Supporting the new Android plugins APIs

If you don’t write or maintain an Android Flutter plugin, you can skip this page.

As of the 1.12 release, new plugin APIs are available for the Android platform. The old APIs based on PluginRegistry.Registrar won’t be immediately deprecated, but we encourage you to migrate to the new APIs based on FlutterPlugin.

The new API has the advantage of providing a cleaner set of accessors for lifecycle dependent components compared to the old APIs. For instance PluginRegistry.Registrar.activity() could return null if Flutter isn’t attached to any activities.

In other words, plugins using the old API may produce undefined behaviors when embedding Flutter into an Android app. Most of the Flutter plugins provided by the flutter.dev team have been migrated already. (Learn how to become a verified publisher on pub.dev!) For an example of a plugin that uses the new APIs, see the battery package.

Upgrade steps

The following instructions outline the steps for supporting the new API:

  1. Update the main plugin class (*Plugin.java) to implement the FlutterPlugin interface. For more complex plugins, you can separate the FlutterPlugin and MethodCallHandler into two classes. See the next section, Basic plugin, for more details on accessing app resources with the latest version (v2) of embedding.

    Also, note that the plugin should still contain the static registerWith() method to remain compatible with apps that don’t use the v2 Android embedding. (See Upgrading pre 1.12 Android projects for details.) The easiest thing to do (if possible) is move the logic from registerWith() into a private method that both registerWith() and onAttachedToEngine() can call. Either registerWith() or onAttachToEngine() will be called, not both.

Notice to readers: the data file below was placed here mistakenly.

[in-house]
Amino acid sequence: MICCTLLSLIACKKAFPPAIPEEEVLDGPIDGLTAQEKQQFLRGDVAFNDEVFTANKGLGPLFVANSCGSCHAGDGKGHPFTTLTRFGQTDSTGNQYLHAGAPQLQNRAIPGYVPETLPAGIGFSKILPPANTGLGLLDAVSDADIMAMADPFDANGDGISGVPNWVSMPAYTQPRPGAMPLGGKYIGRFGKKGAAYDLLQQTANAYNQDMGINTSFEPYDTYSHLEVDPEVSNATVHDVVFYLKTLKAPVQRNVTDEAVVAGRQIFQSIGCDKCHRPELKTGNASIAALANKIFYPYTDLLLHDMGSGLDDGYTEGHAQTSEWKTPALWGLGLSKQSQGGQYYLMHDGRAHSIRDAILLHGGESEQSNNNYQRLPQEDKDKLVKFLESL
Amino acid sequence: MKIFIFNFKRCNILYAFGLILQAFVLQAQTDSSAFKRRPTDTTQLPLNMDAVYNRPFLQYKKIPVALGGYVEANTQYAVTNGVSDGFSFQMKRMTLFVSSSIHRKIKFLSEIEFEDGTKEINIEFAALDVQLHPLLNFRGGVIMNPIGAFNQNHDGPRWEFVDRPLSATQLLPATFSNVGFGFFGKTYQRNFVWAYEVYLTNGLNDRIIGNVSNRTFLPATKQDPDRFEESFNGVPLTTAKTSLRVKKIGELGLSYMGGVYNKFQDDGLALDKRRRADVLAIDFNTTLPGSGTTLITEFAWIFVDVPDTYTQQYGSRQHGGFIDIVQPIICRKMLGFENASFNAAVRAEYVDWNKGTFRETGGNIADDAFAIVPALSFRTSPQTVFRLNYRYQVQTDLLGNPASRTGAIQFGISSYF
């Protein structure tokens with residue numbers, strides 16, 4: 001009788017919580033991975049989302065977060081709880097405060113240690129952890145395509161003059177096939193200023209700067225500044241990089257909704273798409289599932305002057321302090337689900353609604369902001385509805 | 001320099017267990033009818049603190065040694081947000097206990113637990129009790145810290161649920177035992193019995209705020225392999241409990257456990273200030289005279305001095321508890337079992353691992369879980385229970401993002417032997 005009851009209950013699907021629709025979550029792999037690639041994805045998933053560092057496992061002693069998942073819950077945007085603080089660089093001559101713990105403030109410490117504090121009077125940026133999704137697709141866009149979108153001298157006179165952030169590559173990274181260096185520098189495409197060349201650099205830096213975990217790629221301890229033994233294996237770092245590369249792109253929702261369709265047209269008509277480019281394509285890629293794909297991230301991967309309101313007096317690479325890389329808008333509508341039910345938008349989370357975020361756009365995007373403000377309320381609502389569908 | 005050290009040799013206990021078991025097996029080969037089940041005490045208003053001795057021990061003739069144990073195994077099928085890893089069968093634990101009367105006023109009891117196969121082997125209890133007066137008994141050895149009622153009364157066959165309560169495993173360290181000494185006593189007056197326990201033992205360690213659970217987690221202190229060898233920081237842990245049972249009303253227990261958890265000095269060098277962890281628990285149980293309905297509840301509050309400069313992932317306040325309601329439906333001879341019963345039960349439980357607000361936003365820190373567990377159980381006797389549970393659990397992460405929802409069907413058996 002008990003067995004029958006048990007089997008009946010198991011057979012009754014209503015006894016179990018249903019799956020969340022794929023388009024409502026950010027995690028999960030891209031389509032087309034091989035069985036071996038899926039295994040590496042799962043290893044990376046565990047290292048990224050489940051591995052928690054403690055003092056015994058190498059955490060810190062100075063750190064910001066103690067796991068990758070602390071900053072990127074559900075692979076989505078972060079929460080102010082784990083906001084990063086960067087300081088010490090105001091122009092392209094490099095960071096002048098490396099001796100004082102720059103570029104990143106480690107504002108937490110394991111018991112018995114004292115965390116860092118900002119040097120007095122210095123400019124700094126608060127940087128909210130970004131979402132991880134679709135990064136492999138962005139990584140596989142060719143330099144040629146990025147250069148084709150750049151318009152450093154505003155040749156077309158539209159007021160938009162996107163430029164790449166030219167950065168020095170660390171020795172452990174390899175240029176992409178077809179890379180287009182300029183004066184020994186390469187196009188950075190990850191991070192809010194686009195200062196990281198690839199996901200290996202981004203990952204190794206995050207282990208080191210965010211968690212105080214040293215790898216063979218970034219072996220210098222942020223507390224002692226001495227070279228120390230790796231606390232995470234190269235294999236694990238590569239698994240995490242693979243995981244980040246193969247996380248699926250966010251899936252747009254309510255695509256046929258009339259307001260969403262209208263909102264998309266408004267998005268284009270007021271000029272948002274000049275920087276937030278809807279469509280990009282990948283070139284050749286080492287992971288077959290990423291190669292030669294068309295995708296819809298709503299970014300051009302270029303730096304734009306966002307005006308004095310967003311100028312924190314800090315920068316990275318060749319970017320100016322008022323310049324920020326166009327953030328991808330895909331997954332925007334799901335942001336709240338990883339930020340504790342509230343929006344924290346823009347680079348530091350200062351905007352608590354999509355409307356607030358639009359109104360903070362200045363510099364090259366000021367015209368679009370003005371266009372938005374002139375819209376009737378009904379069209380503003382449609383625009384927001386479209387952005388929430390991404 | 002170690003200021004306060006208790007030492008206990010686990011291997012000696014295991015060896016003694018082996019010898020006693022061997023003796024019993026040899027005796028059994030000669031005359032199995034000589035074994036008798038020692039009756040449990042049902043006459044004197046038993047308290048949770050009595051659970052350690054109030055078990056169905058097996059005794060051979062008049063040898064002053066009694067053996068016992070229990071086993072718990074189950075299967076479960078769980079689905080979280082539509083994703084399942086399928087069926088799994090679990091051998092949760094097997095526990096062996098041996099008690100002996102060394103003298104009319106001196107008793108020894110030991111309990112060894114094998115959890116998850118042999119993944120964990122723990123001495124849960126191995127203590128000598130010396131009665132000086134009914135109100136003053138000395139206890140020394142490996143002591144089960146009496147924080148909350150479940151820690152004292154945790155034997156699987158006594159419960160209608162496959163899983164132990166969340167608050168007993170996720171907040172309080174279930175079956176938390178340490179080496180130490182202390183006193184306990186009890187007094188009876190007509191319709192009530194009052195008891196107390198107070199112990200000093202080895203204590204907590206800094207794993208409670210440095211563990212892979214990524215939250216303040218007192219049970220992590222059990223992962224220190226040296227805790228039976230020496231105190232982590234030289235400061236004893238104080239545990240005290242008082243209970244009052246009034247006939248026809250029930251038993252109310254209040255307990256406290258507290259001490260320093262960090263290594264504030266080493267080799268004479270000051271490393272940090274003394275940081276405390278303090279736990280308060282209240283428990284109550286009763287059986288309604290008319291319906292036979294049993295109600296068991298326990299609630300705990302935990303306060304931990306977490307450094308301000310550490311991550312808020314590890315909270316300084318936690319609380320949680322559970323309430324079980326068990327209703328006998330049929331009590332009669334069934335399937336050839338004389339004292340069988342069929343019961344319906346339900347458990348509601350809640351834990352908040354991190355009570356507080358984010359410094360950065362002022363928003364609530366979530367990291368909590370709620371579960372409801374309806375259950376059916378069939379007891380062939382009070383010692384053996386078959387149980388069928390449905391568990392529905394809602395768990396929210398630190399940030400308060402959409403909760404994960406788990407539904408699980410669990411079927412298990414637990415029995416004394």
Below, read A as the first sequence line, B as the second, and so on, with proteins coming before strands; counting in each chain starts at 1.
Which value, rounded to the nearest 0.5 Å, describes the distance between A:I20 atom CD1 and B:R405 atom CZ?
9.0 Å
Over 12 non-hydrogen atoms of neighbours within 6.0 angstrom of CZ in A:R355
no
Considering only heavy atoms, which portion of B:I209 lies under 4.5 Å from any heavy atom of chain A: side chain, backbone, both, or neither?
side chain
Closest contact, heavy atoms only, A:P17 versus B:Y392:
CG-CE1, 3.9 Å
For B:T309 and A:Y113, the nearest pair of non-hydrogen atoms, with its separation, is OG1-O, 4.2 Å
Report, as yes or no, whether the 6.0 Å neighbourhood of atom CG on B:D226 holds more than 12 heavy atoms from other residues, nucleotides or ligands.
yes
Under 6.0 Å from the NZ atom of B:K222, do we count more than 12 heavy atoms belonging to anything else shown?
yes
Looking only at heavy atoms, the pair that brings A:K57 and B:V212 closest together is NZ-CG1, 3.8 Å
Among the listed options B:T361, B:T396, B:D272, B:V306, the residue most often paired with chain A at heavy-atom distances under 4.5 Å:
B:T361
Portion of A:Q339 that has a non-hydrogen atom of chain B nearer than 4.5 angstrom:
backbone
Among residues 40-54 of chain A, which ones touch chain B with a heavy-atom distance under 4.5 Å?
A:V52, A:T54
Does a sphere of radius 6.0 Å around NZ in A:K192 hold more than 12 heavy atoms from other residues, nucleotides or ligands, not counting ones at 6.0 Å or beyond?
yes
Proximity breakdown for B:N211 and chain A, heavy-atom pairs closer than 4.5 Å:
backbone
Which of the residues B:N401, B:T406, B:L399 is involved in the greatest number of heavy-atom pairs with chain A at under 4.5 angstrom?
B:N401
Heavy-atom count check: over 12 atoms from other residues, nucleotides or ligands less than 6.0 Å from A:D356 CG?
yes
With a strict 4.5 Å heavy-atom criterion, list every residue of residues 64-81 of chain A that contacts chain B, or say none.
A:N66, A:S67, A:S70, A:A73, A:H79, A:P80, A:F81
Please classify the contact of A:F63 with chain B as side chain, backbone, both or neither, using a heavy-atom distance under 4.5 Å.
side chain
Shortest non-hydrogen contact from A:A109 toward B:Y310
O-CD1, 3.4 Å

In addition, you should document all non-overridden public members within the plugin. In an add-to-app scenario, these classes are accessible to a developer and require documentation.

  2. (Optional) If your plugin needs an Activity reference, also implement the ActivityAware interface.

  3. (Optional) If your plugin is expected to be held in a background Service at any point in time, implement the ServiceAware interface.

  4. Update the example app’s MainActivity.java to use the v2 embedding FlutterActivity. For details, see Upgrading pre 1.12 Android projects. You may have to make a public constructor for your plugin class if one didn’t exist already. For example:

     package io.flutter.plugins.firebasecoreexample;
    
     import io.flutter.embedding.android.FlutterActivity;
     import io.flutter.embedding.engine.FlutterEngine;
     import io.flutter.plugins.firebase.core.FirebaseCorePlugin;
    
     public class MainActivity extends FlutterActivity {
       // You can keep this empty class or remove it. Plugins on the new embedding
       // now automatically registers plugins.
     }
    
  5. (Optional) If you removed MainActivity.java, update the <plugin_name>/example/android/app/src/main/AndroidManifest.xml to use io.flutter.embedding.android.FlutterActivity. For example:

      <activity android:name="io.flutter.embedding.android.FlutterActivity"
             android:theme="@style/LaunchTheme"
    android:configChanges="orientation|keyboardHidden|keyboard|screenSize|locale|layoutDirection|fontScale"
             android:hardwareAccelerated="true"
             android:windowSoftInputMode="adjustResize">
             <meta-data
                 android:name="io.flutter.app.android.SplashScreenUntilFirstFrame"
                 android:value="true" />
             <intent-filter>
                 <action android:name="android.intent.action.MAIN"/>
                 <category android:name="android.intent.category.LAUNCHER"/>
             </intent-filter>
         </activity>